The intense research effort to develop molecules with the ability to inhibit the replication of human immunodeficiency virus type 1 was greatly facilitated by the elucidation of the viral life cycle. This information engendered the production of novel antiretroviral agents that inhibit human immunodeficiency virus type 1 at different points in its replicative cycle. The nucleoside analogue 3′-azido-2′,3′-dideoxythymidine (azidothymidine) inhibits reverse transcriptase, and it was the first compound tested in patients with the acquired immunodeficiency syndrome. Considerable knowledge of the activity and toxicity of this class of drugs has accumulated. Less well-characterized compounds inhibit human immunodeficiency virus type 1 binding and absorption to target cells, prevent the expression of viral genetic material critical for the construction of new infectious viral progeny, and inhibit the posttranslational modification of viral polypeptides. In additional, biologic response, modifiers act to restore immune function by a number of diverse mechanisms. The ultimate goal is the discovery of compounds capable of inducing a complete and permanent remission of infection.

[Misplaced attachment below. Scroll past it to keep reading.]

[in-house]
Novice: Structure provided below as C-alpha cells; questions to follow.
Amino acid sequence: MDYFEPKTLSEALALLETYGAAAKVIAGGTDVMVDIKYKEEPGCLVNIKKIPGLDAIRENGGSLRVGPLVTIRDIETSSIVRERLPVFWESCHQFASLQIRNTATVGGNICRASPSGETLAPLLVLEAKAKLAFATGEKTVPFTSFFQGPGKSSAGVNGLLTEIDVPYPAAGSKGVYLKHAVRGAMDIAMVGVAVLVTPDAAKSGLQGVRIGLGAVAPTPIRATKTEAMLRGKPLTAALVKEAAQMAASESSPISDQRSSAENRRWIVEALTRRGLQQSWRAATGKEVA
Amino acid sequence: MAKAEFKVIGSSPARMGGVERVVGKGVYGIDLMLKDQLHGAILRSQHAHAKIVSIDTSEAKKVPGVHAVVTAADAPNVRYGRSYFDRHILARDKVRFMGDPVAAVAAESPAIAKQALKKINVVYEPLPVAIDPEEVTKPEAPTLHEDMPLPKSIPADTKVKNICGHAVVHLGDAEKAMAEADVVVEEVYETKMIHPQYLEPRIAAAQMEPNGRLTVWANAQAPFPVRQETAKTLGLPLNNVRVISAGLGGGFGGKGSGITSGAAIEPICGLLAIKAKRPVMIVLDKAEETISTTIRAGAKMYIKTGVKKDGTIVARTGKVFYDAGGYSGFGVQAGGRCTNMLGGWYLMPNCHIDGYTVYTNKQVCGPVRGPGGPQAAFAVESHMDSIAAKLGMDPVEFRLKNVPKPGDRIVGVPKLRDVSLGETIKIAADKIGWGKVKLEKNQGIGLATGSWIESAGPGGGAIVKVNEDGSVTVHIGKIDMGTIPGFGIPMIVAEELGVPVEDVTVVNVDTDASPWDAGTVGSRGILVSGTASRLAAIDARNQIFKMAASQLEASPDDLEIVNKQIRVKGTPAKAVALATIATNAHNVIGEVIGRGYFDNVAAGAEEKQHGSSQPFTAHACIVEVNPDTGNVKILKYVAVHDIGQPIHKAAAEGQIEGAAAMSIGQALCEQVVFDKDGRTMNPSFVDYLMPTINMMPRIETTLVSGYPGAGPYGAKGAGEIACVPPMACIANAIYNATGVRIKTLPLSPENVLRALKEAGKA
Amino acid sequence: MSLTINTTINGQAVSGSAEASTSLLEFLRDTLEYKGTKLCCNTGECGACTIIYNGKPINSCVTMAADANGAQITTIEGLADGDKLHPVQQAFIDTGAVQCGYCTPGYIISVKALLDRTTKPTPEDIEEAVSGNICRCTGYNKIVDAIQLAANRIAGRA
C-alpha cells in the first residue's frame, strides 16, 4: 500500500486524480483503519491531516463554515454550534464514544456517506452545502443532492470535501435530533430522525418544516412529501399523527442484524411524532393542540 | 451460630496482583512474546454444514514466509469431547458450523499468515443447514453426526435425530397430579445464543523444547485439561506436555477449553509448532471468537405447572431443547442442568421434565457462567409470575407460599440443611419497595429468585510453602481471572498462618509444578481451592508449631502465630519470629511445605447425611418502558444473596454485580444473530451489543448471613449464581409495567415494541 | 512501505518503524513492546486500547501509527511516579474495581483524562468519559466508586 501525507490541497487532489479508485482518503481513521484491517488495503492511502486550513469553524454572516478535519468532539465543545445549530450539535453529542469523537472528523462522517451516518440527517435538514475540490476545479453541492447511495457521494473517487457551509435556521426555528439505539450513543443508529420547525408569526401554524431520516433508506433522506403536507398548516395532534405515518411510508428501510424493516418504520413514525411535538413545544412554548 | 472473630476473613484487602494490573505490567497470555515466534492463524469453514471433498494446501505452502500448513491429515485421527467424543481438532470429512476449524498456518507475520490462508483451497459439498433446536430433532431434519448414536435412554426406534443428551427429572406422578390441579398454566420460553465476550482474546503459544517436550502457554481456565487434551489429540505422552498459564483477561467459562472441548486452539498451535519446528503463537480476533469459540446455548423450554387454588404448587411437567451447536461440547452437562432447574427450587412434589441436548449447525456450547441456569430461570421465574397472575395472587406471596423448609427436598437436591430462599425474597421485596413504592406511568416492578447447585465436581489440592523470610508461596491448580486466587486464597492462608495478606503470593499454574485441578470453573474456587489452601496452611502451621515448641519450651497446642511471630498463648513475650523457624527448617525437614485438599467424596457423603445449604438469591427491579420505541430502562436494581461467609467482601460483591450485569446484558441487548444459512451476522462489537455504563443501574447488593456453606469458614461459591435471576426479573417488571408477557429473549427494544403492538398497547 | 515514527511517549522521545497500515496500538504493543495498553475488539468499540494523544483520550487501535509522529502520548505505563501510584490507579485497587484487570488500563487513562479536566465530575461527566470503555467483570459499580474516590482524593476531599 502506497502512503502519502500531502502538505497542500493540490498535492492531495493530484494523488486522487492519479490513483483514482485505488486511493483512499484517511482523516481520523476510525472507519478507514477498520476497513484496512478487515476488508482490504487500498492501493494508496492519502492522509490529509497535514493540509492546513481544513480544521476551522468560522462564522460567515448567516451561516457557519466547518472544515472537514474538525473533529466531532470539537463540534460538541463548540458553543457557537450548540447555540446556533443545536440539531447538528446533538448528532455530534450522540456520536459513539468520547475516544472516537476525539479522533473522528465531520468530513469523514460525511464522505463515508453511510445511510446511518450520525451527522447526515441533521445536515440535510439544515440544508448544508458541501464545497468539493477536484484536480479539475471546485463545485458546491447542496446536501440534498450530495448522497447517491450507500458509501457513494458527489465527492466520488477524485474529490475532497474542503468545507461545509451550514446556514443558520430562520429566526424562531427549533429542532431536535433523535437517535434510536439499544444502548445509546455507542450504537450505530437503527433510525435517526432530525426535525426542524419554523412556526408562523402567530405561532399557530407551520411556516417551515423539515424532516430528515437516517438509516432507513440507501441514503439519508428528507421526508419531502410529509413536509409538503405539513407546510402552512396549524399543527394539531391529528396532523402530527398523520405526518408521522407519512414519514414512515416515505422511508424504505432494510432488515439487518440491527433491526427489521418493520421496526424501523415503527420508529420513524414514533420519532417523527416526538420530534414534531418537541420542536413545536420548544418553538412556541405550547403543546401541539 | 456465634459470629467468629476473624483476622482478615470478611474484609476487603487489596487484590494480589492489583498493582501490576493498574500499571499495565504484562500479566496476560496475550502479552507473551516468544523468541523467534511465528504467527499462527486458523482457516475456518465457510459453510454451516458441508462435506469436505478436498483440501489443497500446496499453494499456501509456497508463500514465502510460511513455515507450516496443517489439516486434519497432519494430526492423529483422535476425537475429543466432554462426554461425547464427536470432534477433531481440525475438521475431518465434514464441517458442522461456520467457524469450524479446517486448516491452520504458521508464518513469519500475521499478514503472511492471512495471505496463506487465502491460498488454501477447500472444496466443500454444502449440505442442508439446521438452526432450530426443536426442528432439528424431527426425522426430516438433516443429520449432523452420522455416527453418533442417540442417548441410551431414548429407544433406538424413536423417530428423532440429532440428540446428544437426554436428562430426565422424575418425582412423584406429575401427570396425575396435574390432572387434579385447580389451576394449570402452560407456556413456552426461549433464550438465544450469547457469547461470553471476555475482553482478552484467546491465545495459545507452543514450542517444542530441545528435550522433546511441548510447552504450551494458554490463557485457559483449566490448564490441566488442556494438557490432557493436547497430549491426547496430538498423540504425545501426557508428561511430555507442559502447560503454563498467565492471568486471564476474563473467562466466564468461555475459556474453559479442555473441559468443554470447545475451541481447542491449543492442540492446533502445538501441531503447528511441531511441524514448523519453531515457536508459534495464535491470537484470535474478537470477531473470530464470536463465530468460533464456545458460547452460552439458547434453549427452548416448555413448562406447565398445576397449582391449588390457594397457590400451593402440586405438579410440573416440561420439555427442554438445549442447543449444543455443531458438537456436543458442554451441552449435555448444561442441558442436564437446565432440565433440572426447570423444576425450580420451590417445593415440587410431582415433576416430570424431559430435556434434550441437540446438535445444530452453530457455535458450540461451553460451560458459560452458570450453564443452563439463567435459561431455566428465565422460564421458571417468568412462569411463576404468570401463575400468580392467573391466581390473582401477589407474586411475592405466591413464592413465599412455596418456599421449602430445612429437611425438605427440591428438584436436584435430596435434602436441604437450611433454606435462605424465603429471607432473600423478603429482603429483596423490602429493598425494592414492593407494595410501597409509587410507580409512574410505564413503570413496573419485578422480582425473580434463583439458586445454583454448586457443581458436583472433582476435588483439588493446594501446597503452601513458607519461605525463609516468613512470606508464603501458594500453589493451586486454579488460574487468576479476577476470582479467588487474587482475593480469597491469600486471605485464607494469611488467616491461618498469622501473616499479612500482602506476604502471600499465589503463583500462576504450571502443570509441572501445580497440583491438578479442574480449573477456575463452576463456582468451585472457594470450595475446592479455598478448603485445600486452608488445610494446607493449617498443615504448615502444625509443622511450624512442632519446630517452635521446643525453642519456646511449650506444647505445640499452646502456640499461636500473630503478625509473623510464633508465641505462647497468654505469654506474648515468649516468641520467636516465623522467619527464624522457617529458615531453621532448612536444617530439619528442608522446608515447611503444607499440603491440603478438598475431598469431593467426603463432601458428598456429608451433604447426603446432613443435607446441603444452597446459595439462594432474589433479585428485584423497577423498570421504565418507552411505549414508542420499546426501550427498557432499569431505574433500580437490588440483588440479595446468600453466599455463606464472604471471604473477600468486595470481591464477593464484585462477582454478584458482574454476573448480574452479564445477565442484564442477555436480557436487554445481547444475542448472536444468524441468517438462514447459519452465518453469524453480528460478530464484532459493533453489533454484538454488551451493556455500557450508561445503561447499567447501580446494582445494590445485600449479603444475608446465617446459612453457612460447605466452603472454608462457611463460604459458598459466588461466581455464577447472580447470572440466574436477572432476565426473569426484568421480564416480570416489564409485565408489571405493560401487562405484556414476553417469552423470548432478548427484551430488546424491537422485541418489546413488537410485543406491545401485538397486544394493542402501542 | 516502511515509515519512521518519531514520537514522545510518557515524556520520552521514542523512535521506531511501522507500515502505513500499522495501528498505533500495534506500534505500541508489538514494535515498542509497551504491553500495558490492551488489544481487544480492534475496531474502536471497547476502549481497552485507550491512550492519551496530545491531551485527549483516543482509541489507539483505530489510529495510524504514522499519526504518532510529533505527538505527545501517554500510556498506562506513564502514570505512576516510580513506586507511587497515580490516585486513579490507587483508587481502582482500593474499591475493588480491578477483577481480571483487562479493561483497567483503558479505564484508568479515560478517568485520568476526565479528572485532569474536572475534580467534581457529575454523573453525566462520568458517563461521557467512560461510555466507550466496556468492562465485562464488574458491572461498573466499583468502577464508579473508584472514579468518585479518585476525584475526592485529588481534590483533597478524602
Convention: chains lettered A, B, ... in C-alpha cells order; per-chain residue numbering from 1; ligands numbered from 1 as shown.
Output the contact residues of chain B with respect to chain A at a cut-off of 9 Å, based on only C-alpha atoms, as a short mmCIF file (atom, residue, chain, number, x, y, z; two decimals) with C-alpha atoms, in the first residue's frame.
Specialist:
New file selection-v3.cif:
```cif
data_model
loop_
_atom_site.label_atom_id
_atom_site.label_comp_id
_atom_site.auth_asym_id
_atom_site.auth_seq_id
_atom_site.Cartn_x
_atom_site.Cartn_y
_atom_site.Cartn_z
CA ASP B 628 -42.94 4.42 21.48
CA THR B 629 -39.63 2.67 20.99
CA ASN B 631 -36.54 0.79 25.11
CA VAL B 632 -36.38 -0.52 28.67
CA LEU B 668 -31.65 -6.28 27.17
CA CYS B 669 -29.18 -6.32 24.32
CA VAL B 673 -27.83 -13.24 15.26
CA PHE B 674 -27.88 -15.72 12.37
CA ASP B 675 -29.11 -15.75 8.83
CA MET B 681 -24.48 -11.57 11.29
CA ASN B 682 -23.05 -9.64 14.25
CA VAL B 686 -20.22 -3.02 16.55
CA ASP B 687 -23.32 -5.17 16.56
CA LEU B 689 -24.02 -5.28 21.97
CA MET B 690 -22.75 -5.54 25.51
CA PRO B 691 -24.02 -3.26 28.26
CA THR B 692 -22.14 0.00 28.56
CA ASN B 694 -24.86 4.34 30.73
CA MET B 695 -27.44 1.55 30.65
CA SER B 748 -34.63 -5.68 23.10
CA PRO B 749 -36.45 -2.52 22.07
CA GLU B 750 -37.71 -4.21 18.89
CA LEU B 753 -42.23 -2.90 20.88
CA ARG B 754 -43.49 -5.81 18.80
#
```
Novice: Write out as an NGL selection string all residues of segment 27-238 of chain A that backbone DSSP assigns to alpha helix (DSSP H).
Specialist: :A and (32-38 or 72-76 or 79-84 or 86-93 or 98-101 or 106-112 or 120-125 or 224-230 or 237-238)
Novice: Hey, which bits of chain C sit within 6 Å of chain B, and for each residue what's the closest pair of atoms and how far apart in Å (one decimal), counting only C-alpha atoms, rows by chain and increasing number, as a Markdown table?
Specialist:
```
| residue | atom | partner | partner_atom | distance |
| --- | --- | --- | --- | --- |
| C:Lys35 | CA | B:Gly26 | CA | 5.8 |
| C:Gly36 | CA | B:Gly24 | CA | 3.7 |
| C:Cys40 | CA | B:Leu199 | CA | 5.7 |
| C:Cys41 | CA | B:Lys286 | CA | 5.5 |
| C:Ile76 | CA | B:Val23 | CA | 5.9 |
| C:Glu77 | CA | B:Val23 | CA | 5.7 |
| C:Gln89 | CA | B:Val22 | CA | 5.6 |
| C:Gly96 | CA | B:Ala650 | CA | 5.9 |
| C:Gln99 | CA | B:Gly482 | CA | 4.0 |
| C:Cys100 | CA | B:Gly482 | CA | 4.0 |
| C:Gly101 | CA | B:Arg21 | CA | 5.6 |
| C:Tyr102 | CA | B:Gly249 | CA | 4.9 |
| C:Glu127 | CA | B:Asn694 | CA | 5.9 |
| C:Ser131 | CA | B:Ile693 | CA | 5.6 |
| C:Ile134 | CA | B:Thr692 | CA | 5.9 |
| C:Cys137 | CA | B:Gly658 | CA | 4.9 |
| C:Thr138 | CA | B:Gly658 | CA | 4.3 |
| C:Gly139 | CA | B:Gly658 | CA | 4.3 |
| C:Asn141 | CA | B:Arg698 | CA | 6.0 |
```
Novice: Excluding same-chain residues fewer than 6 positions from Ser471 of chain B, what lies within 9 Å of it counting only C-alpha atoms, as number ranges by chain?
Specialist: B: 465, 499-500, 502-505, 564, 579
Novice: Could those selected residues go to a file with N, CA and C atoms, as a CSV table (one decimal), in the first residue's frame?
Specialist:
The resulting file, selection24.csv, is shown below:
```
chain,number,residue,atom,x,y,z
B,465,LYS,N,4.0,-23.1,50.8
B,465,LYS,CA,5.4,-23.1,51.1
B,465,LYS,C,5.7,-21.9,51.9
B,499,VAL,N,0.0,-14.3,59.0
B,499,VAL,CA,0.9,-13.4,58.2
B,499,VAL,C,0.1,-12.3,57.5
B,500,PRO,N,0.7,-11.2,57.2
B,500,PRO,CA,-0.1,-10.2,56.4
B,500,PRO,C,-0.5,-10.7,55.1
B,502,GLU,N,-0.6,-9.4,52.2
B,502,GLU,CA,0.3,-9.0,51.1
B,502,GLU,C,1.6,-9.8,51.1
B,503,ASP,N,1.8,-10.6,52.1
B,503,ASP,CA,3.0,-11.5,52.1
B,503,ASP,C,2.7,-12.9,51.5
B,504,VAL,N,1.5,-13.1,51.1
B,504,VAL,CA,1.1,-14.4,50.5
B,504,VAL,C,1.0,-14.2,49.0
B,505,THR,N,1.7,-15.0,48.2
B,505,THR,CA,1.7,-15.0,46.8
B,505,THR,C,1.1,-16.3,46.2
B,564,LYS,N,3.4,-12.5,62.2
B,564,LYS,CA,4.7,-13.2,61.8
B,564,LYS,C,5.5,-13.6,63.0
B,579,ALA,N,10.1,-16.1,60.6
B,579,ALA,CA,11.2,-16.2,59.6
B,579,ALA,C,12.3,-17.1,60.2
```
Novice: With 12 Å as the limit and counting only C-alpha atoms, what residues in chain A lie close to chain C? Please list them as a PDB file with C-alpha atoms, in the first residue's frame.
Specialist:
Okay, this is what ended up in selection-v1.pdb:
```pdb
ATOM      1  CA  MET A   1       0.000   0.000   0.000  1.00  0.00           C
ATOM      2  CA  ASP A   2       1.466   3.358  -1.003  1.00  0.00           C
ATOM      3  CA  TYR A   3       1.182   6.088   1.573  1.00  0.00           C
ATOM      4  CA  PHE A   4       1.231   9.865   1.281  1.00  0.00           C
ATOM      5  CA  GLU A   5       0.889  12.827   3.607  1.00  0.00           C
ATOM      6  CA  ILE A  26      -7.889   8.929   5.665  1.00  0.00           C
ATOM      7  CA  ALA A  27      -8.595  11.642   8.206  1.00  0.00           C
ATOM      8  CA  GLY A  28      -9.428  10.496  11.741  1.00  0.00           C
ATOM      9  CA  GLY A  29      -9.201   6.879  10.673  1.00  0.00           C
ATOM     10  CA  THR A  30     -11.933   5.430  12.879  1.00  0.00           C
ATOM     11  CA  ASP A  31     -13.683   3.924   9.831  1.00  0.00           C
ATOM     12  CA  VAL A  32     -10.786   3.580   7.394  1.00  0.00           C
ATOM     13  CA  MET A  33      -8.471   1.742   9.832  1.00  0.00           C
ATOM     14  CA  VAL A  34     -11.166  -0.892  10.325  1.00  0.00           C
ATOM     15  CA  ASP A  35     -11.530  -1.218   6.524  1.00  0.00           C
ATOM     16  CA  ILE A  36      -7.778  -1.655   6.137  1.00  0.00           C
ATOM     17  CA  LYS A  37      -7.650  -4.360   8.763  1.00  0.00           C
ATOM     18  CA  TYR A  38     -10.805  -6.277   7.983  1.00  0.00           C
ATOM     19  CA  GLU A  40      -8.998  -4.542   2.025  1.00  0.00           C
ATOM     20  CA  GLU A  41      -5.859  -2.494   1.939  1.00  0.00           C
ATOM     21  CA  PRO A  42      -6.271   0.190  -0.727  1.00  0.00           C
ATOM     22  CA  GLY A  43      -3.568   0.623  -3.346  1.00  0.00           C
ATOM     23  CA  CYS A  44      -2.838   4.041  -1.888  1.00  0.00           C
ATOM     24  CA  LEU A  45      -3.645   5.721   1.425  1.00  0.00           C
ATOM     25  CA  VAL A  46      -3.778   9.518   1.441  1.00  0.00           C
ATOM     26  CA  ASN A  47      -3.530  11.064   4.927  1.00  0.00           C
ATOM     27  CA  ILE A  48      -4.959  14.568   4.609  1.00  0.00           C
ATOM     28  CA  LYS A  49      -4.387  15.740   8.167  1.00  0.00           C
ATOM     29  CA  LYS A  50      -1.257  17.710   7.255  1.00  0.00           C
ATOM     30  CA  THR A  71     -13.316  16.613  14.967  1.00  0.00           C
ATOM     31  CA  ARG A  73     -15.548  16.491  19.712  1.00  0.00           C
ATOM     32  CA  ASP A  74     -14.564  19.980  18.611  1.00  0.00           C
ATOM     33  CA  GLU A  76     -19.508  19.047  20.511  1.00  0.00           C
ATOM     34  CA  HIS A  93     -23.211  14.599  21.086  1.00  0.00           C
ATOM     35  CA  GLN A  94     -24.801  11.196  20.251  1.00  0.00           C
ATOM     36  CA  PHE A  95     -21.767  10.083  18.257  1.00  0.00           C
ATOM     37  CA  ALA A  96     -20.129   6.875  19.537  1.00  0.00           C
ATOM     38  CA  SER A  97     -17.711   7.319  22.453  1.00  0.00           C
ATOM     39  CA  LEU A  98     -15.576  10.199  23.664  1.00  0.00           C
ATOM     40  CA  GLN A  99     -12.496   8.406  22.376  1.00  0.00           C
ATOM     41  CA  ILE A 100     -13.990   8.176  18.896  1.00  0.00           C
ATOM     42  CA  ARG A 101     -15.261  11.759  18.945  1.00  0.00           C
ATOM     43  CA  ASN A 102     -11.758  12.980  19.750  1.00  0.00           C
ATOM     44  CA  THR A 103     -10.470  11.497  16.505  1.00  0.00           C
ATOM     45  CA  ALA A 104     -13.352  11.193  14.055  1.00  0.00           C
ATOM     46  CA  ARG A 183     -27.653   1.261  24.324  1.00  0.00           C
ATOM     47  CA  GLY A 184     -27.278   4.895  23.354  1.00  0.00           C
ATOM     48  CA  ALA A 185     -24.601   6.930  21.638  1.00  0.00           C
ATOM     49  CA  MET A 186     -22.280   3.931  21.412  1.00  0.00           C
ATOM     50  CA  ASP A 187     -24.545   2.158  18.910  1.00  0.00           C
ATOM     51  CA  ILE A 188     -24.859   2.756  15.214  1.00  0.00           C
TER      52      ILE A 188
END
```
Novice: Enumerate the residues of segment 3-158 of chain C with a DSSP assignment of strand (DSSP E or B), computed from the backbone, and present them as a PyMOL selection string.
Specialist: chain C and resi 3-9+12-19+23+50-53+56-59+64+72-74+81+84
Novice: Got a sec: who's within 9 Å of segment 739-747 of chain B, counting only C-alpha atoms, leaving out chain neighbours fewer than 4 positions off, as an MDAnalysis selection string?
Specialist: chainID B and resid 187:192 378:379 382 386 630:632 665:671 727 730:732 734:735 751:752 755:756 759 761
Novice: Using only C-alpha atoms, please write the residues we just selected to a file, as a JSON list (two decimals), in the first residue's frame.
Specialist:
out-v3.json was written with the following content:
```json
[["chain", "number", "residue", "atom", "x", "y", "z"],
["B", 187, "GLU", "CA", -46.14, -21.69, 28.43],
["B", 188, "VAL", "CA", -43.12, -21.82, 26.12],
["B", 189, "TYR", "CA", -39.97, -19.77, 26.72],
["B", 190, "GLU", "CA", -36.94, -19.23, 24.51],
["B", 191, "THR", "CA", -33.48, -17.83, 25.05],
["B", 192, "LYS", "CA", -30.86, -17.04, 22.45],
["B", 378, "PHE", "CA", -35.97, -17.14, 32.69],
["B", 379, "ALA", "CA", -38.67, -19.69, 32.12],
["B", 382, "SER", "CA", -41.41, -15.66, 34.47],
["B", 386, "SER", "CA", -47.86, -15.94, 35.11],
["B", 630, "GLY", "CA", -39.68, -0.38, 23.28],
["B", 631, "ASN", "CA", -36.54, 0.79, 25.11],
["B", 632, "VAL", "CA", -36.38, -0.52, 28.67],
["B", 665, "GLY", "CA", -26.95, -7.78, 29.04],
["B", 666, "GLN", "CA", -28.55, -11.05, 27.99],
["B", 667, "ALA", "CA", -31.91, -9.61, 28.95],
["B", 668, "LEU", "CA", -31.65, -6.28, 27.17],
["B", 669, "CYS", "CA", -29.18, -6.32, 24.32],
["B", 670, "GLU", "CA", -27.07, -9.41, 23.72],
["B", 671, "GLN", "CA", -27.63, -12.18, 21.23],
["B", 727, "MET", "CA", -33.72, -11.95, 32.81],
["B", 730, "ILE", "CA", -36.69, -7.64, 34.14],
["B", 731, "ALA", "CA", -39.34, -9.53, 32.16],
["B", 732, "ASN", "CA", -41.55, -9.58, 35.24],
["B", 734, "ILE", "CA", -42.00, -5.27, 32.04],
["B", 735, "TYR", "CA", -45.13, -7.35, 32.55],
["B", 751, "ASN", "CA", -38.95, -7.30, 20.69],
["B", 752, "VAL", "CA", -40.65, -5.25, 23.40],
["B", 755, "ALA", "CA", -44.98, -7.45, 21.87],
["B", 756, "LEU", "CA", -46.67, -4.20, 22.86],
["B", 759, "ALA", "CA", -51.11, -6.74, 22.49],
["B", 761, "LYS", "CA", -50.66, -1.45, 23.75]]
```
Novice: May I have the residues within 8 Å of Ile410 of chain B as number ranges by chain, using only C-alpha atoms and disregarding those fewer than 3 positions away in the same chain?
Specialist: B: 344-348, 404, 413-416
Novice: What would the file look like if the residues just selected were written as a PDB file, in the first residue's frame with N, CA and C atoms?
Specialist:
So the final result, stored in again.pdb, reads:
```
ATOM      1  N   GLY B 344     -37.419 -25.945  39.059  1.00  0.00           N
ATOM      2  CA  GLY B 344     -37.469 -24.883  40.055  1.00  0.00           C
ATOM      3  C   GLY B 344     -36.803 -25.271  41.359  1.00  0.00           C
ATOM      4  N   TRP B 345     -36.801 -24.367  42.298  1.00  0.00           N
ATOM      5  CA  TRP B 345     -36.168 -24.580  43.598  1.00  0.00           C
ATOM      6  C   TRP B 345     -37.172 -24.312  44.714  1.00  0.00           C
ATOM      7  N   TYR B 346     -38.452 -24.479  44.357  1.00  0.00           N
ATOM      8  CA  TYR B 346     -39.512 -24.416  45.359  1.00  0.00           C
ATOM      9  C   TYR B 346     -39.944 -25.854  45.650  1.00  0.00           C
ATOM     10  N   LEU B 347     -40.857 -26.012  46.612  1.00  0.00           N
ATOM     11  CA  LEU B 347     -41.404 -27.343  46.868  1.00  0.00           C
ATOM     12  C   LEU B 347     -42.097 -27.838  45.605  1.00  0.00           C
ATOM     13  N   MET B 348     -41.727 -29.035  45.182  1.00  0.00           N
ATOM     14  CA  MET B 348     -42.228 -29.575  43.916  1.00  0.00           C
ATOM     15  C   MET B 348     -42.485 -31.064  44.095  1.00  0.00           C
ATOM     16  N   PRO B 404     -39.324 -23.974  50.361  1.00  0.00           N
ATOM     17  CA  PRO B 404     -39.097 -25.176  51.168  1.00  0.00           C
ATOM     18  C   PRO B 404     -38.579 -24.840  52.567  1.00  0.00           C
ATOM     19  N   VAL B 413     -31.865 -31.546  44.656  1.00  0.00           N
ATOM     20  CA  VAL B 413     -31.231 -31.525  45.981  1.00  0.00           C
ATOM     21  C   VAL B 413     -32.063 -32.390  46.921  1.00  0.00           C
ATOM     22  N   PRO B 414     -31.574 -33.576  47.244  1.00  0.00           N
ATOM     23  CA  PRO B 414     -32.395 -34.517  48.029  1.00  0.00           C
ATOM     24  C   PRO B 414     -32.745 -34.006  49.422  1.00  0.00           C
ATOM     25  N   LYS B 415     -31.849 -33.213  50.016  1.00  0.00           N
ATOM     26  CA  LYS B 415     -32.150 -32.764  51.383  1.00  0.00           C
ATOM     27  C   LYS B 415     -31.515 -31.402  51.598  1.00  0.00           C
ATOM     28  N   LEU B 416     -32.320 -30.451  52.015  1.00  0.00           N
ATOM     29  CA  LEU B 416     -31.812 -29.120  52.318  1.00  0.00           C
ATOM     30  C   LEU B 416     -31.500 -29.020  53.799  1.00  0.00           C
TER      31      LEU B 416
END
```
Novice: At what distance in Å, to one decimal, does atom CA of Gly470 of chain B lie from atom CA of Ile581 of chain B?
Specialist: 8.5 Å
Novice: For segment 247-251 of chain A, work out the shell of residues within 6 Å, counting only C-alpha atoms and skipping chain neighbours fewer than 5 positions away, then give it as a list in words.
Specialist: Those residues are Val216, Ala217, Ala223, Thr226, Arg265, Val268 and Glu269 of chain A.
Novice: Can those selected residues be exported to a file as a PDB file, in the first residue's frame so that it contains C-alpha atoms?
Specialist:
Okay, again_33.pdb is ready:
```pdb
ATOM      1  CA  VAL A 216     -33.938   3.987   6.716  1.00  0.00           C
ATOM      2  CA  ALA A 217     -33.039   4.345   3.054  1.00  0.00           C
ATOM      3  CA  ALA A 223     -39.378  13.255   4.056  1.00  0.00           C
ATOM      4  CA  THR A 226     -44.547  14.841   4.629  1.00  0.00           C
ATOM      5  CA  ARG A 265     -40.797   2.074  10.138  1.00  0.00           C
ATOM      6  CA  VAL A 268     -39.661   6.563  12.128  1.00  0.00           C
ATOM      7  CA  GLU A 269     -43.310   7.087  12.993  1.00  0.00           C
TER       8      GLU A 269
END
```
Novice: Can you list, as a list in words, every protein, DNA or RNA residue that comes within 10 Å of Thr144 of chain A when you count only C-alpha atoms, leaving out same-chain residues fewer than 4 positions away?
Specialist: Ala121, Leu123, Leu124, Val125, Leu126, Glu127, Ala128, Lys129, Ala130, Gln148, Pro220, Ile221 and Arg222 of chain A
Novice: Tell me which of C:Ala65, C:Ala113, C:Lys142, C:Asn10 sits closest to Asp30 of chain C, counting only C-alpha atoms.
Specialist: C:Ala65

(Arch Intern Med. 1992;152:485-501)
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